We hate our parent’s advice, or, most appropriately, their scolding’s because some part of our mind knows they are right. Once we start making decisions that make our muscles stretch and our minds stressed, we will begin doing processes that we have been avoiding our whole life. Make uncomfortable your next comfortable.

He creates his alter-ego Goggins where he is okay with being uncomfortable being the person he is. We say to ourselves nothing is wrong with us, but what we are doing is not acknowledging the type of person we are. There are things bad with us. That’s why things aren’t better with us.

The world’s tolerance level has gone so much lower nowadays because people want happiness, to have good easy lifestyles where they are not challenged, but instead, to level up without the hard work.

Cal Newport—Embracing Boredom

Cal Newport
Cal Newport

Cal Newport is a computer science professor at Georgetown University, having completed his PhD in Electrical Engineering and Computer Science at MIT, bestselling author of seven books, have published 60 peer-reviewed papers that have been cited more than 3,500 times. Despite doing all these things, he does not have a social media account.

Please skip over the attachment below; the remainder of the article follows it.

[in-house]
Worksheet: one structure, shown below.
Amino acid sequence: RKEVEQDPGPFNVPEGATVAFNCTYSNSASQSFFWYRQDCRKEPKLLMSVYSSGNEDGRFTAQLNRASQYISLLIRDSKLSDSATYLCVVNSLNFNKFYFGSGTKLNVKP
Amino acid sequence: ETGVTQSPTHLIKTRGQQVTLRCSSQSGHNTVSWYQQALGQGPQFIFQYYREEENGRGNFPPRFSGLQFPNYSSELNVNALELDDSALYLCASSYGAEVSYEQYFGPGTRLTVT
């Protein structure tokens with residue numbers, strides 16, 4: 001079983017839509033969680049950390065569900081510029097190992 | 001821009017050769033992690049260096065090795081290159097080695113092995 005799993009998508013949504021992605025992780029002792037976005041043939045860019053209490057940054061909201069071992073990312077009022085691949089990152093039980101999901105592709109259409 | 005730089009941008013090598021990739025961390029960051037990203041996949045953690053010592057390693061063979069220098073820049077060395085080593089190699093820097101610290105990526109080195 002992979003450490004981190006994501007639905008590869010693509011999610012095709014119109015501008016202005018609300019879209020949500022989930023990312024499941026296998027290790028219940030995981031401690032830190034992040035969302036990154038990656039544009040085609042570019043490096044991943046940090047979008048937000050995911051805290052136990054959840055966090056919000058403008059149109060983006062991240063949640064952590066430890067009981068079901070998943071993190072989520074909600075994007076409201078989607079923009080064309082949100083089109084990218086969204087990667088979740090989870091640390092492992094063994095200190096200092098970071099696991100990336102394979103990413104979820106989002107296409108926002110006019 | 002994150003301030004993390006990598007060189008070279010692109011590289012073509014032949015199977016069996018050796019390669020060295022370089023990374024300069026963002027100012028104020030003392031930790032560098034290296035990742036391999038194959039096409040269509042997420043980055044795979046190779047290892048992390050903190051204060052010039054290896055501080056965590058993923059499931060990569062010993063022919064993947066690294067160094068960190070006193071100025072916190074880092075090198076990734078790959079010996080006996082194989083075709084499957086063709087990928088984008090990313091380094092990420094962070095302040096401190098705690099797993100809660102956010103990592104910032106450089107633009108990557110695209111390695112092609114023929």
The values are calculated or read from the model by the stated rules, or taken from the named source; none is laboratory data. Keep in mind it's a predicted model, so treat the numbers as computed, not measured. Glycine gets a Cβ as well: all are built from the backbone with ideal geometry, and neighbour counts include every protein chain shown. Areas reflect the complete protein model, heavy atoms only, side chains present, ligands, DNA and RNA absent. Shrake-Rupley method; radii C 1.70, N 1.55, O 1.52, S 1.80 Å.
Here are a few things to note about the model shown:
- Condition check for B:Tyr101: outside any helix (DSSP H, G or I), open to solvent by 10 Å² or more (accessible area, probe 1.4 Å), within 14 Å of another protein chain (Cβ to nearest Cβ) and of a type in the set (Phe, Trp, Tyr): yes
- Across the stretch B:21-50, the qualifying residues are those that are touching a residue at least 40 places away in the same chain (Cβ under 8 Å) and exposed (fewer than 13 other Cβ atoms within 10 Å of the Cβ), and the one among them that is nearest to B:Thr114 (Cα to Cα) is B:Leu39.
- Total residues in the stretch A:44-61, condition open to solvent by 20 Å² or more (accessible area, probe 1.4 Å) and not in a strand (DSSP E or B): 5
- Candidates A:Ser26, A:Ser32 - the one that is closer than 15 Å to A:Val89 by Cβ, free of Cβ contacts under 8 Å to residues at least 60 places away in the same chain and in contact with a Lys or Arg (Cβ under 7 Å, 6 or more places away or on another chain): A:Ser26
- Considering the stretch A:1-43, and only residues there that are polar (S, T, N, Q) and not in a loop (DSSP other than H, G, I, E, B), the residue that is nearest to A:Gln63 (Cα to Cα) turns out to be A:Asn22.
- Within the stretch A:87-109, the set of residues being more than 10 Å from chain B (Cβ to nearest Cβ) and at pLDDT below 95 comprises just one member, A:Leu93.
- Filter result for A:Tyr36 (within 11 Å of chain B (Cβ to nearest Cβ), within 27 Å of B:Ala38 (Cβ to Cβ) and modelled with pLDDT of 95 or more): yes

He compares social media apps like Snapchat, Instagram and Facebook to cigarettes most of us despise and look down upon. In the distant future, we will do the same with these apps. Social Media is meant to make us socialise more easily but instead, we are gauging our eyeballs on our smartphones for long hours simply because we are obsessed with the number of likes on our posts.

While reading his book "Deep Work", I was fascinated with the concept of boredom, due to which spending the initial hours in vain was easy for me. When that feeling was gone, I realised how intense and painful it is for anyone; it is impossible for me to move on with my life without checking my phone every hour.

The overwhelmingness around us has made us neglect everything that is important to us. Deep Work is a skill that Cal talks about in his book in which a human mind can achieve a fully focused state that is converged on a task. Cal says that our output result from a job is equivalent to two factors- one intensity and the of hours you put in. If you can increase your power of work, your number of work hours automatically decreases.

Our focus is like a glass of water. The more we try to use its tasks, the more it depletes. We are in the habit of always doing highly dopamine-releasing activities, not wasting a single minute on anything. We think that checking our phones, again and again, is going to lend us an opportunity for the future.

When was the last time you did nothing at all?